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Hotel manager in Thailand sends unhappy customer to prison

An American expat working in Thailand, is facing two years in prison after leaving a negative review on a Tripadvisor page for Sea View Resort on Koh Chang Island.

Olivier Languepin

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Picture from Sea View Resort & Spa Koh Chang TripAdvisor page.

What started as an ordinary case of a disgruntled customer asked to pay 500 baht (around $15) for a corkage fee in a seaside resort, ended in a full-fledged and worldwide PR disaster.

Things have gotten so out of hand that TripAdvisor had to close the comments on the page and publish the following message on the Sea View Resort & Spa Koh Chang page.

“Due to a recent event that has attracted media attention and has caused an influx of review submissions that do not describe a first-hand experience, we have temporarily suspended publishing new reviews for this listing. If you’ve had a firsthand experience at this property, please check back soon – we’re looking forward to receiving your review!”

It’s worth noting that before making headlines for sending Mr. Barnes into detention, the Sea View Resort & Spa Koh Chang had 1920 customer reviews, most of them showing positive feedback with an average of 4.5 stars.

The Sea View Resort, a 156-room resort on Kai Bae Beach was founded in 1989 and is ranked 10th out of 85 properties on Koh Chang that have been reviewed on TripAdvisor. It has received 1,922 reviews, with 1,090 of them rating the resort excellent, 580 very good, 170 average, 48 poor and 32 terrible, according to the Bangkok Post.

Although the Sea View Resort told AFP on Saturday that legal action was only taken because Mr Barnes had written multiple bad reviews on different sites over the past few weeks, it seems that the situation was probably too much to handle for the hotel manager.

Unfriendly staff, no one ever smiles. They act like they don’t want anyone there. The restaurant manager was the worst. He is from the Czech Republic. He is extremely rude and impolite to guests. Find another place. There are plenty with nicer staff that are happy you are staying with them,” the review, which is still available on Tripadvisor, said.

So he decided to make a bold move and to involve the Thai police: as a result the unfortunate Wesley Barnes, was arrested and spent a weekend in jail.

If convicted of criminal defamation, Mr. Barnes faces up to two years in prison, under the country’s harsh defamation law.

Thanks to those two useful idiots (M.Barnes was a tad out of line describing the hotel as a “modern day slavery” example in one of his first comments which has been deleted by TripAdvisor), the world is now aware that Thailand is not only one of the world’s most popular travel destinations, but also a country where freedom of speech is severely curtailed.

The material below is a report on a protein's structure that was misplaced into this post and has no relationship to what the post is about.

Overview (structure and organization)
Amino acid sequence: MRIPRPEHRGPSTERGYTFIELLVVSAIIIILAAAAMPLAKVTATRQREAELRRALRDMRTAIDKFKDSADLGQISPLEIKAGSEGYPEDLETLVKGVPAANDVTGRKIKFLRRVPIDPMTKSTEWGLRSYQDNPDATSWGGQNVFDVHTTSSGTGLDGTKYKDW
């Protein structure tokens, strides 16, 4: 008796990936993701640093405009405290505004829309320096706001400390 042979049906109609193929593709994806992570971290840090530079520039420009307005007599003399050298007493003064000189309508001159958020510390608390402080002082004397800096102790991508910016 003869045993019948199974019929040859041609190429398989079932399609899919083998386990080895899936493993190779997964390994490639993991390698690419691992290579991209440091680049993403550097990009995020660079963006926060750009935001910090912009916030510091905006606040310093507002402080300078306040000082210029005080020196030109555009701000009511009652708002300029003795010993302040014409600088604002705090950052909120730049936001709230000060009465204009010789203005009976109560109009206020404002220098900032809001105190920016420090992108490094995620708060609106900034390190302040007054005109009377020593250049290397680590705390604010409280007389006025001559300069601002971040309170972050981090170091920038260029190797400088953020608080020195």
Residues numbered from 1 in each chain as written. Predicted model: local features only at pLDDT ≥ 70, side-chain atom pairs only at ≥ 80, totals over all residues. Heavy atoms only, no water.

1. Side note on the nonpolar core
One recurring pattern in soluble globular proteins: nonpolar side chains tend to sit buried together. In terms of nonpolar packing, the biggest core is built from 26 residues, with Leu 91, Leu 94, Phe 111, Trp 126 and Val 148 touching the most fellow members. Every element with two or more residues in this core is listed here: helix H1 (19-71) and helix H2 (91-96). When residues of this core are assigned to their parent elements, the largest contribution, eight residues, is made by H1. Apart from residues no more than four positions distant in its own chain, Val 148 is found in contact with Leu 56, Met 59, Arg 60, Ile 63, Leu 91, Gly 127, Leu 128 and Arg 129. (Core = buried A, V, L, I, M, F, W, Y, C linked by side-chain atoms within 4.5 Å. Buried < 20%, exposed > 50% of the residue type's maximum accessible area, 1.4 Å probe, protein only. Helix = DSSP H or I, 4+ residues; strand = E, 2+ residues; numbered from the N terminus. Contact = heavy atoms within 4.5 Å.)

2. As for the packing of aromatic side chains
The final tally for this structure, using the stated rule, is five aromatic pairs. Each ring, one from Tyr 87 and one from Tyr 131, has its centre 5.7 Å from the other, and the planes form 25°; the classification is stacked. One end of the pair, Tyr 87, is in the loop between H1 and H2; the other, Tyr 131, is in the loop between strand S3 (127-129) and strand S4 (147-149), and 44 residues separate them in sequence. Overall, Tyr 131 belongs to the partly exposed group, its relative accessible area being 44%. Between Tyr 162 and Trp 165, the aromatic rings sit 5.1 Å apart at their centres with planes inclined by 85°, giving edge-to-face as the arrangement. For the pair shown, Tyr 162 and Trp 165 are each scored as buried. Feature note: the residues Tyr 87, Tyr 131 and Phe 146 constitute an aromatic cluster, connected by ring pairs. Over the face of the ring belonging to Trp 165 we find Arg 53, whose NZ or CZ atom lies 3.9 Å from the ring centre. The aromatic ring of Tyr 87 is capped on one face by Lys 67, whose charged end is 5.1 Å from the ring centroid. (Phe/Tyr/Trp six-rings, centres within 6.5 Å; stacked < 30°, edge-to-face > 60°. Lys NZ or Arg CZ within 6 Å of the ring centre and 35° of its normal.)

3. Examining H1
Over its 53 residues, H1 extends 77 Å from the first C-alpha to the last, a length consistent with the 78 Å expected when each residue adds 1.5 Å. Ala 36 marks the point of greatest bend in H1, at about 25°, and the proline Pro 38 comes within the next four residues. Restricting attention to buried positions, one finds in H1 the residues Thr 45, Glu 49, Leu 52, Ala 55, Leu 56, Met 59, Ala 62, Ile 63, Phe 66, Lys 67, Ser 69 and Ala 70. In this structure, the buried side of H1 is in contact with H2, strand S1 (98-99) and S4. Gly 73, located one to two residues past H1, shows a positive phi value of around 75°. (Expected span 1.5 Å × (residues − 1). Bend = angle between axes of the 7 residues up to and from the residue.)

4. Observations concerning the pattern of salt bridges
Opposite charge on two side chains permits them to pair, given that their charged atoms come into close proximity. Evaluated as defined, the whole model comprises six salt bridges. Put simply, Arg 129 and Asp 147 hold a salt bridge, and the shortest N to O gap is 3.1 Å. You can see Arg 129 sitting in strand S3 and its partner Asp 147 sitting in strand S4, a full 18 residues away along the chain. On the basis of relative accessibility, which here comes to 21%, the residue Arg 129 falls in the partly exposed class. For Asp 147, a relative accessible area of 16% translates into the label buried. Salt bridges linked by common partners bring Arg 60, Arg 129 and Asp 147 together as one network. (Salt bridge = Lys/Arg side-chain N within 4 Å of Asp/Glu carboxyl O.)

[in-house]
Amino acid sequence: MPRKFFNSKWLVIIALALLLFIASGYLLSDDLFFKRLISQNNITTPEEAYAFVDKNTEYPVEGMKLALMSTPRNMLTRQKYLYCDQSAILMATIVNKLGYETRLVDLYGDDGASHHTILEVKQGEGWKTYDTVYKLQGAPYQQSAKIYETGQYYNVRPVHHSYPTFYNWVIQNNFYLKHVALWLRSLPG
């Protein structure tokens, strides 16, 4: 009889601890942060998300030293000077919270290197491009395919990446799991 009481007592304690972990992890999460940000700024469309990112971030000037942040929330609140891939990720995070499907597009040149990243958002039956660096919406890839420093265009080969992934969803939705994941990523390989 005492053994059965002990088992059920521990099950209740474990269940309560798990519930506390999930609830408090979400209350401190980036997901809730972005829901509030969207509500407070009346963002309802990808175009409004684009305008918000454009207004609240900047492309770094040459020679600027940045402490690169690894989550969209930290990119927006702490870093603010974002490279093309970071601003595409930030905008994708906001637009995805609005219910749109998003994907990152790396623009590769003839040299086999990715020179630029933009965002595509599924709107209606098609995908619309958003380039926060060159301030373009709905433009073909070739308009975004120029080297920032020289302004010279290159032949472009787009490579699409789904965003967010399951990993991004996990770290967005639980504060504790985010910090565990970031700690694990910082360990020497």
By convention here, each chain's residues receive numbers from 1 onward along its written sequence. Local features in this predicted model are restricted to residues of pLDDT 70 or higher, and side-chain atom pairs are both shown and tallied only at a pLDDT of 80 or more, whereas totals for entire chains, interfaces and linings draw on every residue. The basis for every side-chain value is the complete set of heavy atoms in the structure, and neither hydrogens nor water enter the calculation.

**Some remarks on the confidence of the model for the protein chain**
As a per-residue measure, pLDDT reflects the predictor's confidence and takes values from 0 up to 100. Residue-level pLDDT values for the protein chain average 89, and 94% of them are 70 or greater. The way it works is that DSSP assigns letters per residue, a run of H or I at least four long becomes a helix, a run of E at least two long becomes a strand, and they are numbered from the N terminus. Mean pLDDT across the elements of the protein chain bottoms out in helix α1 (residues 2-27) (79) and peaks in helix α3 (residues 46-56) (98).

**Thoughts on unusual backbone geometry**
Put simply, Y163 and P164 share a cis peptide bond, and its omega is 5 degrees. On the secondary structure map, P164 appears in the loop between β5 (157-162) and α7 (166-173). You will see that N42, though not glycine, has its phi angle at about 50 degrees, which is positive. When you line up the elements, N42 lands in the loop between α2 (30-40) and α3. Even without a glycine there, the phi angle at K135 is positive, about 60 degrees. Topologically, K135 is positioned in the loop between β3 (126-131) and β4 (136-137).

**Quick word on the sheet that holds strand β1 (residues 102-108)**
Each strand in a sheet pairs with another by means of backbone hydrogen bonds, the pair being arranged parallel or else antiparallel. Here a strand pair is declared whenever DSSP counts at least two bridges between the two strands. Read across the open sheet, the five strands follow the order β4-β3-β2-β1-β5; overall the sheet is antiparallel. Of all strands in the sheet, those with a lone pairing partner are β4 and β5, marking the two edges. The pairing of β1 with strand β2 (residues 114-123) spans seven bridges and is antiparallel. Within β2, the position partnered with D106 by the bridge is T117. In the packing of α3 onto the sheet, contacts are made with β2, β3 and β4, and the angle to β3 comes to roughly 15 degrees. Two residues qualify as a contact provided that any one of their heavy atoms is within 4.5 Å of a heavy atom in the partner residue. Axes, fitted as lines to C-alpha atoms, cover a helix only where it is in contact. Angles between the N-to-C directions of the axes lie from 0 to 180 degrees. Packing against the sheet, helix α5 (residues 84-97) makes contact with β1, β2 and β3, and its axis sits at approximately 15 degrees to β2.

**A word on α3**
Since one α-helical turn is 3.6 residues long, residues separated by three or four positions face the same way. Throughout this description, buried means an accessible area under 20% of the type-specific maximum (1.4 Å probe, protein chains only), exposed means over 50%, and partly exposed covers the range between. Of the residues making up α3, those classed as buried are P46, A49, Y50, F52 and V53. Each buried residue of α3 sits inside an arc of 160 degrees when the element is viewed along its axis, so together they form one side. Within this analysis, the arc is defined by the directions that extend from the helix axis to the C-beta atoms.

Human rights advocates have long pointed out Thailand’s defamation law, which leads to criminal charges and is regularly abused to silence critics.

Last year, a court in the province of Lopburi sentenced Suchanee Cloitre, to two years in prison for being guilty of defamation after she posted a tweet in 2016 criticizing the labor practices of Thammakaset Co., the operator of a poultry farm.

Ironically, she used almost the same wording as Mr Barnes, “slave labour,” to describe the situation of workers who had not been paid and abused for months.

But in her case, she was right : a complaint filed in 2016 with the National Human Rights Commission alleged that migrant workers at the farm were forced to work up to 20 hours a day, were paid less than the minimum wage and had their identity documents confiscated.

Eventually Thammakaset was ordered to pay the workers 1.7 million baht in compensation and damages. Although found guilty, Thammakaset has filed 39 criminal and civil complaints against 22 individuals, including migrant workers, journalists, human rights defenders and one media company.

At the end of the day, this is a lot of bad publicity for Thailand, a country where tourism accounts for approximately 20% of the economy.

However, the Sea View Resort vs. Barnes case may also be useful from a broader perspective: it reflects the need for Thailand to review its criminal libel laws, which have been abused and used to silence and deter government critics, activists and journalists for too many years.

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